Feeling misunderstood by other groups makes people more likely to support separatist causes like Brexit and Scottish independence, new research suggests.
The University of Exeter studied links between political views and so-called “felt understanding”—feeling understood and listened to by other groups, such as Europeans and EU institutions (in the case of Brexit), or the English public and politicians (in the case of Scottish independence).
The research also examined Protestant-Catholic relations in Northern Ireland and Basque-Spanish relations. In all cases, feeling poorly understood by other groups was linked to dramatically higher levels of support for separatism.
In the Basque study, people one point lower on a seven-point “felt understanding” scale (feeling less understood by Spanish people) were more than six times more likely to back independence.
However, “felt understanding” was also a unique predictor of trust and forgiveness—the more people felt understood by members of the other group, the more likely they were to trust and forgive them.
“Our research demonstrates the critical role of ‘felt understanding’ in relations between groups of people,” said lead author Dr. Andrew Livingstone, of the University of Exeter.
“When people—individually and collectively—feel that those around them aren’t ‘getting’ their point of view, and if people feel they lack the ability to determine their own future, you get responses that are about ‘taking back control’.
“Such responses might, in large part, be about people making their voices heard.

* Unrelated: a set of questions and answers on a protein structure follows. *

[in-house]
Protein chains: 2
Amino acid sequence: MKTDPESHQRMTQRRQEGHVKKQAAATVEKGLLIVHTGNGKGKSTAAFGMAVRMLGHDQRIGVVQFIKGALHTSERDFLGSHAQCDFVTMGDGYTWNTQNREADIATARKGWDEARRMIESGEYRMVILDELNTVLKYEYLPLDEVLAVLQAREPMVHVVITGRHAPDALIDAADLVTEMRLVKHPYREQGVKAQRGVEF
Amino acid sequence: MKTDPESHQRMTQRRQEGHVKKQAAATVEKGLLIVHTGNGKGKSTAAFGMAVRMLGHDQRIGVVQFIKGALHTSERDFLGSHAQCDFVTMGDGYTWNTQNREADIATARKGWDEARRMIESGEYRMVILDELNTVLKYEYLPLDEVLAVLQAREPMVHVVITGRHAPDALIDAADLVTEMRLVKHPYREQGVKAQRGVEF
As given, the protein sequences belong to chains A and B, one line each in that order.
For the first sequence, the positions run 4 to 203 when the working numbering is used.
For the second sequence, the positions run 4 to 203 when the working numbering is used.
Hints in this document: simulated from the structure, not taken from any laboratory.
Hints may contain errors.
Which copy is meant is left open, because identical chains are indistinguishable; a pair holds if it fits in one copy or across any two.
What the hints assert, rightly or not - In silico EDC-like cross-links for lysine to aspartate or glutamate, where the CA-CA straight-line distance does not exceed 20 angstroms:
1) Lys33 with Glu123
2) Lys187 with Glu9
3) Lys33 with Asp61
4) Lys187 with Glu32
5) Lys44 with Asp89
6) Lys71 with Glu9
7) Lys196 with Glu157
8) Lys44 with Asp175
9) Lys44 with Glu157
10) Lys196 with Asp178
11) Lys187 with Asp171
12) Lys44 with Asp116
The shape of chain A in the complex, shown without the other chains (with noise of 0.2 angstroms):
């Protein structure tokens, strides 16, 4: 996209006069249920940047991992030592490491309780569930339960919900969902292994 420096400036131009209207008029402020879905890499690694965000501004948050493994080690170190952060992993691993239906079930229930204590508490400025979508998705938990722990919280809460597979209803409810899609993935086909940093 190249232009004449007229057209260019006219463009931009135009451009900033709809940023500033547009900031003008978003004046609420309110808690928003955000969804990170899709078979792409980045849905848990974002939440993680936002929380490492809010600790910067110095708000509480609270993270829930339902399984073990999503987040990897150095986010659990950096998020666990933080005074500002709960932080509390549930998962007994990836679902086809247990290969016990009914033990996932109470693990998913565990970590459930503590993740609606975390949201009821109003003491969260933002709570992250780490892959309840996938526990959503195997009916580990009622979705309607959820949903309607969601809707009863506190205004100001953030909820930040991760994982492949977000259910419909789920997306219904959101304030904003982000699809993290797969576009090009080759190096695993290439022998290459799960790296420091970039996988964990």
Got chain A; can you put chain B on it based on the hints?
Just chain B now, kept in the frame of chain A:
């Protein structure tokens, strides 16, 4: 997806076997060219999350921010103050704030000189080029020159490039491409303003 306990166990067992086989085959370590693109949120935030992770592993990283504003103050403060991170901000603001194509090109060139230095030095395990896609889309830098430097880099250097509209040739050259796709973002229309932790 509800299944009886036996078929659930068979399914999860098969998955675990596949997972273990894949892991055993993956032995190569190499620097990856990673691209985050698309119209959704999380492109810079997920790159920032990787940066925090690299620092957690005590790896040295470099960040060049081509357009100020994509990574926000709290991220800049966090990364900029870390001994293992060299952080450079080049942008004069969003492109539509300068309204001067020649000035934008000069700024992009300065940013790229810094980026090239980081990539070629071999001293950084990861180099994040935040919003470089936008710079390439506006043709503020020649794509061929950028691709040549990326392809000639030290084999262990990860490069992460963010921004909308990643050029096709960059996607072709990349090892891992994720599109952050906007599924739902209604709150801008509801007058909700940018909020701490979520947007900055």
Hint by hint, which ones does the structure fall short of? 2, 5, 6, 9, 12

“Voting is fundamentally an act of communication, though it’s not always easy to interpret what voters ‘mean’ by their vote.”
Felt understanding was found to be a stronger predictor of separatism than beliefs about the “out-group” (ie Europeans, English people, etc) or “meta-beliefs” (what people imagined the out-group thought of them).
It was also a stronger predictor of Brexit vote than more commonly-discussed factors like age or highest educational qualification.
Dr. Livingstone said the research, which included data from more than 7,000 participants, showed the vital importance of making people feel heard.
“Even if people have been brought to a belief by misinformation, it doesn’t mean their belief is insincere,” he said.
“One of the worst ways to change such a belief is to tell people their views aren’t genuine, or that they are fools.
“The first step is to ask people why they hold a particular belief, and to listen to the answer.
“It’s not about pretending to agree—it’s about showing them you’ve really listened and understood their point of view, even if you ultimately disagree.”
Following the 2019 UK general election and the divisive debate over Brexit, Dr. Livingstone noted the call from Prime Minister Boris Johnson to “let the healing begin”.
“Boris Johnson had to acknowledge the fact that people want respect for the way they see the world,” he said.
The studies of Scottish independence, Brexit, Northern Ireland and Basque separatism did not address cause and effect.
This was tested by a fifth study in which young people in Spain saw one of two mock newspaper articles—one suggesting that older people understood them and cared about their concerns, and the other suggesting they didn’t.
Young people who were told older people understood them (higher “felt understanding”) reported more positive views of older people.
Andrew G. Livingstone et al, “They just don’t understand us”: The role of felt understanding in intergroup relations., Journal of Personality and Social Psychology (2019). DOI: 10.1037/pspi0000221
University of Exeter
Feeling misunderstood boosts support for Brexit (2020, September 9)
retrieved 9 September 2020
This document is subject to copyright. Apart from any fair dealing for the purpose of private study or research, no
part may be reproduced without the written permission. The content is provided for information purposes only.